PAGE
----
Developmental Disability-Friendly Gifts
Some developmental disabilities manifest as delays in motor skills that control bodily coordination. Connecting, blocks, Legos®, an erector set, jewelry kits or activity books with zippers, buttons and string can help with hand eye coordination for different ages. For adults, a 3D puzzle or game, mazes, word seek puzzles and mind teasers may also be appropriate depending on the individual.
An individual experiencing delayed language development may enjoy a gift that speak words to them and encourages them to speak back. Look for traditional gifts of the "see 'n' say" variety, or a talking doll for children. Adults might enjoy books on CD until they are more comfortable with vocabulary and appropriate speech patterns.
People with sensory disabilities may be upset by the feeling of changing temperatures, rough textures or even human contact, but a gift can stimulate sensory exploration in a safe and comforting way, such as giving a child a water table, play dough or sand, art supplies or squishy balls. A trampoline might even be of help with the need for repetitive motion and help focus a child that is hyper. For adults with developmental disabilities, musical instruments such as drums might make a nice gift to promote learning rhythm and hone repetive and multi-tasking skills. Electronic gifts with colorful lights or an astronomy kit that enhances observational skills may also be good for a teen or adult with a developmental disability.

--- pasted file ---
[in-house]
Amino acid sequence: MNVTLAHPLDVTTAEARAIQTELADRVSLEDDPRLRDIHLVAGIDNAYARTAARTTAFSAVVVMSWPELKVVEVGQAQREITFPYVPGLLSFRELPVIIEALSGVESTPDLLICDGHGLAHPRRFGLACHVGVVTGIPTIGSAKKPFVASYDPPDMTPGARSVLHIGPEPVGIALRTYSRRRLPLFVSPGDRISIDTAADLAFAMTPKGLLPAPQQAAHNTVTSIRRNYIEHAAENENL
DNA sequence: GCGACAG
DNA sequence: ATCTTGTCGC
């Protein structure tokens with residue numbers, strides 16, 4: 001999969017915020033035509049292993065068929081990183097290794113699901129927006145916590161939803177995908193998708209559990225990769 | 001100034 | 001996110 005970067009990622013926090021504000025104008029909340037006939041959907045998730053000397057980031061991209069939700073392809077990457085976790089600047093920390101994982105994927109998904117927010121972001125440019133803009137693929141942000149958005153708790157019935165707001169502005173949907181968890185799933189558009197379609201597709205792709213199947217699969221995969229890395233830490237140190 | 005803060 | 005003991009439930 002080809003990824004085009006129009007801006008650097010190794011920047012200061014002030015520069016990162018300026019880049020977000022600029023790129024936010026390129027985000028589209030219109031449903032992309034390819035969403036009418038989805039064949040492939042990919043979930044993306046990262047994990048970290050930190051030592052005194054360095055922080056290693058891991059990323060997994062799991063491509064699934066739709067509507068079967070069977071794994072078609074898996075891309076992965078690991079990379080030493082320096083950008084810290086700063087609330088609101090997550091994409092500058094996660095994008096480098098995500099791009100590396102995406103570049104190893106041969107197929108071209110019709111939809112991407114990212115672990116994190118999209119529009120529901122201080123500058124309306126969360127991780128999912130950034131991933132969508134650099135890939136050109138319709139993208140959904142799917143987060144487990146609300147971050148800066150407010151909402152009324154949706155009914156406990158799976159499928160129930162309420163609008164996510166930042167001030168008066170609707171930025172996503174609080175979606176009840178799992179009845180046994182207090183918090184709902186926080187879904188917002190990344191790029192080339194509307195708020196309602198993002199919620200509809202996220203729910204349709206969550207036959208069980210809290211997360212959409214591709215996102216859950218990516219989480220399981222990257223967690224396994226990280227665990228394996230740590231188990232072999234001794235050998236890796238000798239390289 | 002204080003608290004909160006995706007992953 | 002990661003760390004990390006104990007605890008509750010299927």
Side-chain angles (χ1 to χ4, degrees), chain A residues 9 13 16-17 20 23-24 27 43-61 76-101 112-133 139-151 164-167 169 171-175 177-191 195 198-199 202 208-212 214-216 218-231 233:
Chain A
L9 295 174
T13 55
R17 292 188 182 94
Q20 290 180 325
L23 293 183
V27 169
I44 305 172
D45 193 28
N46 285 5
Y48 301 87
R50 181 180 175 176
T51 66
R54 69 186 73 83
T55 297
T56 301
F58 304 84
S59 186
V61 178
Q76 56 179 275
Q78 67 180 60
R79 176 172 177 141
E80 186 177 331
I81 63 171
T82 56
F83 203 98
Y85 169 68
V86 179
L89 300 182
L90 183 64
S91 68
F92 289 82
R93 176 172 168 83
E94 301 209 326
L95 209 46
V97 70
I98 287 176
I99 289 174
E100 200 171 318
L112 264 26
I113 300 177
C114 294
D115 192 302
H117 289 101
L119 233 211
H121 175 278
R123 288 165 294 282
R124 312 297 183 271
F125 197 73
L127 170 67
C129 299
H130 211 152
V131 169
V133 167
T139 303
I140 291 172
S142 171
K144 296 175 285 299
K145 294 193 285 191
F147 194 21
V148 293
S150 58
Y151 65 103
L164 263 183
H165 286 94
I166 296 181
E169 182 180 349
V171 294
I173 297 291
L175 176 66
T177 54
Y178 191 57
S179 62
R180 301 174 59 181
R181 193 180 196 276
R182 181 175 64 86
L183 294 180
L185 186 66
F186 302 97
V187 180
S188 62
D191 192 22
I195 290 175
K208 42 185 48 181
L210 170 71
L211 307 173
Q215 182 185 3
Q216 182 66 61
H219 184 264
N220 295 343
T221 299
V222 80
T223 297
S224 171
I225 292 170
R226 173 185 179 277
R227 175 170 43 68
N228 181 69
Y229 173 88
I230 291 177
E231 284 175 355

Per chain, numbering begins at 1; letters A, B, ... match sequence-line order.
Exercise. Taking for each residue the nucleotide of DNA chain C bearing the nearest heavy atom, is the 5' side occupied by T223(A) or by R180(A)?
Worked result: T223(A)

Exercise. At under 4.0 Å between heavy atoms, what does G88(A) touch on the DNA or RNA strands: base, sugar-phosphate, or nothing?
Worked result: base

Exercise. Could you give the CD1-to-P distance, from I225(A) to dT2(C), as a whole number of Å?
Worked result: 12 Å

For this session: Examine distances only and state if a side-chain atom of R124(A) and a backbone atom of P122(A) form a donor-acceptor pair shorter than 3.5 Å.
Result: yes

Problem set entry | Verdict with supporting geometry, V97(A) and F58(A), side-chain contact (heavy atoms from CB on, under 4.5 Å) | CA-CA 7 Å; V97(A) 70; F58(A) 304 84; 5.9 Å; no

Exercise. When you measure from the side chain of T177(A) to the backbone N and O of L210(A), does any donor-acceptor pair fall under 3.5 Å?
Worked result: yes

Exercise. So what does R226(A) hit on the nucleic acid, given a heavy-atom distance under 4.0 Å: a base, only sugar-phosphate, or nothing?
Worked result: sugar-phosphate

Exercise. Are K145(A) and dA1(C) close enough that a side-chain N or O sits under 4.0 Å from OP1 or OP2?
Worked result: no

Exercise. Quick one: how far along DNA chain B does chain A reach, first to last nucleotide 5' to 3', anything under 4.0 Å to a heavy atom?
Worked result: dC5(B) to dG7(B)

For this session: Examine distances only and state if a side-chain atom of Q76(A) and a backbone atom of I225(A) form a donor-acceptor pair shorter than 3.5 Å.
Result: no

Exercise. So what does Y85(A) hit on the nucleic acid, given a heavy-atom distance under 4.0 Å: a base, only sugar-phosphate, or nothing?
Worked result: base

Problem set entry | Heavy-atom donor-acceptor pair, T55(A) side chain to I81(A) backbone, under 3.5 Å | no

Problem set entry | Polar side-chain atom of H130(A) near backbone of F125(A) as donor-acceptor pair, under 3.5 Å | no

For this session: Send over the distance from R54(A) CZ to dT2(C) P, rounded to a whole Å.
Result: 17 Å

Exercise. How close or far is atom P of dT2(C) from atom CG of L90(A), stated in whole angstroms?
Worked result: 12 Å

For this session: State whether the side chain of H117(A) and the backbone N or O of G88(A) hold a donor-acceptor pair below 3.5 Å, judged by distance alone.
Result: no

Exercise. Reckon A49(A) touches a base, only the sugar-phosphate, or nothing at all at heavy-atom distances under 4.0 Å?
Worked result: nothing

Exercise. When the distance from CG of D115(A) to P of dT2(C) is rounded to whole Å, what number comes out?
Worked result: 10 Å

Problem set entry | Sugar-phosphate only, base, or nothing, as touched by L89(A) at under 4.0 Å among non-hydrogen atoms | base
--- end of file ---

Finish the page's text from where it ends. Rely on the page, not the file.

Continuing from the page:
Impaired visual perception can frustrate a person with a developmental disabilities because it can cause them to focus on certain things. Giving gifts that require them to explore their line of sight and periphery will help them widen their focus, introduce them to new colors, patterns and objects. An activity book where a child must locate hidden objects would be nice, s well as matching games. An adult may enjoy a video gaming system with a variety of focus and joystick-based games, such as racing, shooting aliens and running through mazes.
Whatever gift you choose, it's important that you keep in mind the gifts the receiver has themselves, not their deficits. And remember that your gift could mean bridging gaps in those areas of their lives where they have difficulty. It just takes a little planning and getting an indication from them what they enjoy and respond best to.
You Should Also Read:
Gifts for Children with Sensory Processing Disorder: Paints to Trampolines
Dream Mom: Best Toy & Gift Ideas for Special Needs Children
ADDitude: Living Well With Attention Deficit
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